Saveriades (2000) confirms, there is still neither a generally accepted definition nor a standard systematic procedure to assess this concept. One of the most renowned definitions was given by the World Tourism Organization (1981), which signaled that carrying
Capacity represents the maximum number of visitors that a geographic or Physical entity can receive without provoking neither an unacceptable alteration in the physical and social medium or an unacceptable reduction in the quality of the visitors’ experiences.
In the words of Liu (2003), the concept is generally defined as the maximum number of visitors an area could accommodate without there being excessive deterioration of the environment or declining visitor satisfaction. In other words and in a more active sense, as Papageorgiou and Brotherton (1999) suggest, to maintain the integrity of the basic resources and provide a tourist experience of high quality.
Physical carrying capacity (PCC)
This is the max number that area is actually able to support. In the case of an individual tourist attraction it is the maximum number that can fit on the site at any given time and still allow people to be able to move. This is normally assumed to be around 1m per person. “PCC per a day = area (in meters squared) x visitors per meter x daily duration” (Mow forth and Munt) this is a formula which has been used to calculate the physical carrying capacity.
A decree to specify the maximum amount of people can be in the swimming area (carrying capacity of the swimming pool is to be 60 people. (Professor Jennifer Bell: 2014)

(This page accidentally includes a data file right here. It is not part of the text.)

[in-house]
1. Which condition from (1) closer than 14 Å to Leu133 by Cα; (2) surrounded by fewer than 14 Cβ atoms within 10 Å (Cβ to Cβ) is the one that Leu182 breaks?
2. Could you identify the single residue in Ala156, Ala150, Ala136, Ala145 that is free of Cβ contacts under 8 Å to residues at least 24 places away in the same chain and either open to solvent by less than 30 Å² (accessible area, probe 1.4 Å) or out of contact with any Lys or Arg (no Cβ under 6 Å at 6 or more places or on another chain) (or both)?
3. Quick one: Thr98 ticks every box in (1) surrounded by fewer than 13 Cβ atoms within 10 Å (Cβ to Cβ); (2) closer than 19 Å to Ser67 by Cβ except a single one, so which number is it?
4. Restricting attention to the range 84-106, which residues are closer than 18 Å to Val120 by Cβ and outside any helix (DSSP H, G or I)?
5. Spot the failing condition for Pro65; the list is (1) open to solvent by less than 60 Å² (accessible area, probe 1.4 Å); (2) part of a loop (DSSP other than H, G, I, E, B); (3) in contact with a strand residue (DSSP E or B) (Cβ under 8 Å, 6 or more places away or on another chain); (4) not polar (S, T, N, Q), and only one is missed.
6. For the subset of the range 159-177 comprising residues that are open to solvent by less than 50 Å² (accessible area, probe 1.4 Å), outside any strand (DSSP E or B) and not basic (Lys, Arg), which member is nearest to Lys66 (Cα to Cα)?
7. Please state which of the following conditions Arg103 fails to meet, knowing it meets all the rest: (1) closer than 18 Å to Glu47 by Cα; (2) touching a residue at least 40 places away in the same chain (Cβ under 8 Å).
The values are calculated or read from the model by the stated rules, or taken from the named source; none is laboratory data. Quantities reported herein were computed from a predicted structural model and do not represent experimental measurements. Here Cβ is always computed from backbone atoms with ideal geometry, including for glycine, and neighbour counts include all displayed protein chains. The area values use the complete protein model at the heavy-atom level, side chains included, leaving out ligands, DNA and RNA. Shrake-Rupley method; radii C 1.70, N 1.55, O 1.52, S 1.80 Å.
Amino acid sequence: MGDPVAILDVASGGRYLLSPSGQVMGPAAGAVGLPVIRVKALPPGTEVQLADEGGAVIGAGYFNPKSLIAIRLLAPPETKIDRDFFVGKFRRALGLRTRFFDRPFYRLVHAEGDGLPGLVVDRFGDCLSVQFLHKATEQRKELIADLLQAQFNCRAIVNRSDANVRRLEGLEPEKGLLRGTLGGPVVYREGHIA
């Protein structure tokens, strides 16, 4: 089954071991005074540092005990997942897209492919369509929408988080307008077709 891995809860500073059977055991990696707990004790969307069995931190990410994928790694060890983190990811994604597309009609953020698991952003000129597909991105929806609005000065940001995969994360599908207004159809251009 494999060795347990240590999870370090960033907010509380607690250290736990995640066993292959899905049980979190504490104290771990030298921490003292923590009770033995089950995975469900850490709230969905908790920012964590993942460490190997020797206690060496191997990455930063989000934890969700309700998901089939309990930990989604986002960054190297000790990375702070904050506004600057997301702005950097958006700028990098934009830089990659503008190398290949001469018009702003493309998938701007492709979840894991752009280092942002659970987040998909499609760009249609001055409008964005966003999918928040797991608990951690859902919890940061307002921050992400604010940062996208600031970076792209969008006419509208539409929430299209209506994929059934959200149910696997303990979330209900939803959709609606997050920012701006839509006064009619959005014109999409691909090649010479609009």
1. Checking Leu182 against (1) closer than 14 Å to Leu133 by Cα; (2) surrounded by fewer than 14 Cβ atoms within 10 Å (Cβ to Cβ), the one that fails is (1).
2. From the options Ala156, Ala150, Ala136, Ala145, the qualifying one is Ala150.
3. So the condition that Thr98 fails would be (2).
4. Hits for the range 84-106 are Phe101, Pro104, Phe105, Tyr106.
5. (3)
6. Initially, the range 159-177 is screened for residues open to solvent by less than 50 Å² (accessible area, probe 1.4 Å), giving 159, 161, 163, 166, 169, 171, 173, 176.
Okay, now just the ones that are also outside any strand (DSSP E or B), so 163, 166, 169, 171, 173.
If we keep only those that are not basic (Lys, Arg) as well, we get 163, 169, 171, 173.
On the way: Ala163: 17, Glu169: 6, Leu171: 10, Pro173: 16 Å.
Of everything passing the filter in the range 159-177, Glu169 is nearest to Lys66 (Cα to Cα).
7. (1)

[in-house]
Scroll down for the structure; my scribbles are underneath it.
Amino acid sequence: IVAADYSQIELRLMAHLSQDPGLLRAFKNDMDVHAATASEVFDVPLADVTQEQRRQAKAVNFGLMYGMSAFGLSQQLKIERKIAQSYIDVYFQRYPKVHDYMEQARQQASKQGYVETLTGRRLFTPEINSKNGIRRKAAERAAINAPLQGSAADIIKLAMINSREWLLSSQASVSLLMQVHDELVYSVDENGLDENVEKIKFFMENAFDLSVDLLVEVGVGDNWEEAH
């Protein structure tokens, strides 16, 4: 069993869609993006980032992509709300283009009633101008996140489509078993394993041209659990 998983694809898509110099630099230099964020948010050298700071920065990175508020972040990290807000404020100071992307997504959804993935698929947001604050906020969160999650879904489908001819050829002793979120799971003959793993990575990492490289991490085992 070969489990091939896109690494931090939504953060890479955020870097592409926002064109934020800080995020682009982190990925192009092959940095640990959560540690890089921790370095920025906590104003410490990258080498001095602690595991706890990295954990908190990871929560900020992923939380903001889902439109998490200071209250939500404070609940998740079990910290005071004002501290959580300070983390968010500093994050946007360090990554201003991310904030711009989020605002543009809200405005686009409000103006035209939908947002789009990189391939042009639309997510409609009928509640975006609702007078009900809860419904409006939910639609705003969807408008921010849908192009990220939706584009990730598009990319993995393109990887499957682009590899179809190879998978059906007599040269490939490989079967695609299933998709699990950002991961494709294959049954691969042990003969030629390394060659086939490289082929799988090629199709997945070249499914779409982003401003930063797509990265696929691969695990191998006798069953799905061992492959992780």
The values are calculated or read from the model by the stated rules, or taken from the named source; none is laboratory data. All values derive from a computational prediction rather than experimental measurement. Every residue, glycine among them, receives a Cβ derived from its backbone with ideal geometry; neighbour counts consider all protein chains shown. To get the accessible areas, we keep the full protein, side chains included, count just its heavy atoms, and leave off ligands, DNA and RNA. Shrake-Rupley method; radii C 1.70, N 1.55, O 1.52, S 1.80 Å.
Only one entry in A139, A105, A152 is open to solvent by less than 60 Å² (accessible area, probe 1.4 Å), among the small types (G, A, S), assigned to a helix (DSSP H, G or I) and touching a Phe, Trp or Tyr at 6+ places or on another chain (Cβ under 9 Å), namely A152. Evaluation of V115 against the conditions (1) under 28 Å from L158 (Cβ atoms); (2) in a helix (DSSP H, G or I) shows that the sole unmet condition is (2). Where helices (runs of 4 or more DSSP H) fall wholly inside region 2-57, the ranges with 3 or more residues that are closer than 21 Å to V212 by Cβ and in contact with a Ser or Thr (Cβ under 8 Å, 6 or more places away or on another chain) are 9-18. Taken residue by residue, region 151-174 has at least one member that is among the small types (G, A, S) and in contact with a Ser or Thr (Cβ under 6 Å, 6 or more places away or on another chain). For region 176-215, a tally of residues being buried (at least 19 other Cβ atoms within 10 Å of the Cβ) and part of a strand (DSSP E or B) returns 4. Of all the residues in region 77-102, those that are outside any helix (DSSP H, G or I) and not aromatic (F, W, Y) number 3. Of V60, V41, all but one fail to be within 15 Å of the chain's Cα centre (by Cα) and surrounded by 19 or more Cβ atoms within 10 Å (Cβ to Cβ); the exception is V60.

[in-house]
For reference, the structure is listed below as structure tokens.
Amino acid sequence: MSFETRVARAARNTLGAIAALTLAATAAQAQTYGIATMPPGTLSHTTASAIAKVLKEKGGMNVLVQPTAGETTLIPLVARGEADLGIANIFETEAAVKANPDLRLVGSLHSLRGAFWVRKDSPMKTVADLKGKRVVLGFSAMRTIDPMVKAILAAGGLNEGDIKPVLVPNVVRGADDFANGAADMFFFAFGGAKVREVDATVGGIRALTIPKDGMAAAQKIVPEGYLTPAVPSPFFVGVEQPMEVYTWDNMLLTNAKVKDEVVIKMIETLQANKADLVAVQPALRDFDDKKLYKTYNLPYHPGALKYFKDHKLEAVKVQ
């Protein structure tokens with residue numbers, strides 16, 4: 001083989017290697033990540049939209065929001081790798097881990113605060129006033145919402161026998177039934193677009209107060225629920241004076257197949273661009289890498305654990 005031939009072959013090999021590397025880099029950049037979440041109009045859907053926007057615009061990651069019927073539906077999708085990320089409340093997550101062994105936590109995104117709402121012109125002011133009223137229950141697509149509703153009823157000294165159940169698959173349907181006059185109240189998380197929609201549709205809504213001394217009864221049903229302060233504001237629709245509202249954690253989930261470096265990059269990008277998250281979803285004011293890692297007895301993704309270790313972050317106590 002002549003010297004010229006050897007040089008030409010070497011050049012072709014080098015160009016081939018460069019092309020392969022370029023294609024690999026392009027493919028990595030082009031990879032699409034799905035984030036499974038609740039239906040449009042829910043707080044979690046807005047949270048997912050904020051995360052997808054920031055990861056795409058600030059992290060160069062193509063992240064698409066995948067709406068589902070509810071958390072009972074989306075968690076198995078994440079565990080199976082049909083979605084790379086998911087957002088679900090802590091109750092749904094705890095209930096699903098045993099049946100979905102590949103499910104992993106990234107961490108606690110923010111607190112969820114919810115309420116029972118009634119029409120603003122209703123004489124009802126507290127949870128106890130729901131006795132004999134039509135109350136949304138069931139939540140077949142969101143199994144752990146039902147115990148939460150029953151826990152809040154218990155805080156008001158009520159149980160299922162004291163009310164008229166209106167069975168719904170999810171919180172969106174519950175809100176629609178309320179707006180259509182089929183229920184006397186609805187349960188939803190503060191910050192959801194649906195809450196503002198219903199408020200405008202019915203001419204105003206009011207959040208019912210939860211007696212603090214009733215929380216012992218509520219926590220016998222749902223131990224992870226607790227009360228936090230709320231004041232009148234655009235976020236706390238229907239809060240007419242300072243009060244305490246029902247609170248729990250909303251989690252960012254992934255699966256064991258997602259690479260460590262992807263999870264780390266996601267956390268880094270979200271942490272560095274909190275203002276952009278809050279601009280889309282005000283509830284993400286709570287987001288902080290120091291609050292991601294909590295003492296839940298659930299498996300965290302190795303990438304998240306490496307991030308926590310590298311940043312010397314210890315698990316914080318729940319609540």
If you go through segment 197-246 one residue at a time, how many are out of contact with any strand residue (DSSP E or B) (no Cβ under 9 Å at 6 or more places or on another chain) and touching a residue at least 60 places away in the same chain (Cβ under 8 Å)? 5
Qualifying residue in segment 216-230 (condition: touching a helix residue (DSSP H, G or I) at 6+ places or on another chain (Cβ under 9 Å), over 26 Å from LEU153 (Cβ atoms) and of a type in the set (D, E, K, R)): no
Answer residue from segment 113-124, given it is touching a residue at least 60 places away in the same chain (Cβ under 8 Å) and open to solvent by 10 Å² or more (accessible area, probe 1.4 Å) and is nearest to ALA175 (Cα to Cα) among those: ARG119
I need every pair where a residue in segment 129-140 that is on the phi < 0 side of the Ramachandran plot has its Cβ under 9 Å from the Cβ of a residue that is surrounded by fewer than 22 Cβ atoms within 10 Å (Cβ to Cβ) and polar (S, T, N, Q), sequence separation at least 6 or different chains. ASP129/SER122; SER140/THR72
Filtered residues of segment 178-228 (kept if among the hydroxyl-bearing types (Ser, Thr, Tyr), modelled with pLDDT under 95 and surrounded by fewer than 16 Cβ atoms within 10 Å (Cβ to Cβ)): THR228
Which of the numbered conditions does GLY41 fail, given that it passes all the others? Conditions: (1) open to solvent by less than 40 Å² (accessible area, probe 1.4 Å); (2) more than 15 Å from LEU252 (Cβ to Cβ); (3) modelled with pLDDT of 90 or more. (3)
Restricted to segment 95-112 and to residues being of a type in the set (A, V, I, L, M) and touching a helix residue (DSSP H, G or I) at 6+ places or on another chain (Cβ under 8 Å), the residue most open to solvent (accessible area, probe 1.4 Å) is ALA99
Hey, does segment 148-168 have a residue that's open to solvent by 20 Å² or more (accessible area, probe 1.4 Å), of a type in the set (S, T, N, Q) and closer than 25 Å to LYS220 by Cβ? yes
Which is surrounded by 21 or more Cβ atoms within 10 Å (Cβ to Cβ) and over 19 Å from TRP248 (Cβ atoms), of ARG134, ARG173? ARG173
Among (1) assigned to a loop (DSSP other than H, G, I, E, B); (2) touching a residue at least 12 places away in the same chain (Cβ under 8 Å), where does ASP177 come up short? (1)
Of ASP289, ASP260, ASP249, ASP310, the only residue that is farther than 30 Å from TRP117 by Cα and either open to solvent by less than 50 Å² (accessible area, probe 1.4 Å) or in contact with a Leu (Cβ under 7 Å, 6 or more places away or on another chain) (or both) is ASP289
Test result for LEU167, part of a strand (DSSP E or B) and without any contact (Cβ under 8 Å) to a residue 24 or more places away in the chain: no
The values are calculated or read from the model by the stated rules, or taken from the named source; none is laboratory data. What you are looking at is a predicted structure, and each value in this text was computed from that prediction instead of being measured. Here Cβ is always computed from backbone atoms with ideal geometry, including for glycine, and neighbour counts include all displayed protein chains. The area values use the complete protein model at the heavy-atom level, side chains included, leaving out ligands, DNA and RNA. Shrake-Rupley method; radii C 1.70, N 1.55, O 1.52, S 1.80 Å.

Cibulan Swimming Pool
Cibulan tourist attraction is one of the oldest attractions in Kuningan, West Java. This tourist attraction was inaugurated on August 27, 1939 by Kuningan regent at the time,the RAA Mohamand Achmad.
In this attraction, there are two large rectangular ponds. The first pond measuring 35×15 square meters with a depth about 2 meters. Meanwhile, a second pond measuring 45×15 square meters, divided into two parts, the first section depth is 60 centimeters and the second part is120 centimeters. The second pond is always drained once every two weeks, or could be more, depends on the cleanliness of the water. Each pond inhabited by dozens of gray-black fish, and called Kancrabodas or gods fish (Tor douronensis). The sizes are ranging from the 20 centimeters in length up to 1 meter. Godsfish is sacred by residents in the area around the village of Manis Kidul because it is believed to have certain privileges.
Despite the entire pond was occupied by dozens of fish or god fish, Kancrabodas, Cibulan ponds opened as a public swimming pool. This recreation area is also equipped with swimming pool facilities, such as change room and 2 bathrooms.
Cibulan fully managed by the Manis Kidul village government. According to the Secretary of the Village ManisKidul,EngkusKusnadi, gross revenue from Cibulan weekly average reached Rp. 1.5 million. The money is obtained from the sale of admission tickets Rp. 2,000 for adult and Rp. 1,000 for children.
The number could reach Rp 50 million per week at the peak season, example during the holiday. “During Eid, we raise the ticket prices to Rp 3,000 for adult and Rp 1,500 for children,” said Engkus.
Revenue rise, because during the Eid,Cibulan visitor numbers could rise dozens of times higher than normal days. “The regular days visitors of this place ranging from 50-100 people per day, but during Eid can reach 3,000 per day,” said Sulaiman.
Cibulan swimming pool on 2015 Eid Mubarak
3000 visitor per day, if we divide it to 8 hours, become 375 visitors per hour, compared to 60 persons from Prof. Jennifer Bell swimming pool SOP. In this condition, the tourist experience will go away. Even though week end or holiday season are timing to grab more revenue, but tourist experience need to be think of, therefore, tourist will revisit this swimming pool, because they got good swimming experience.
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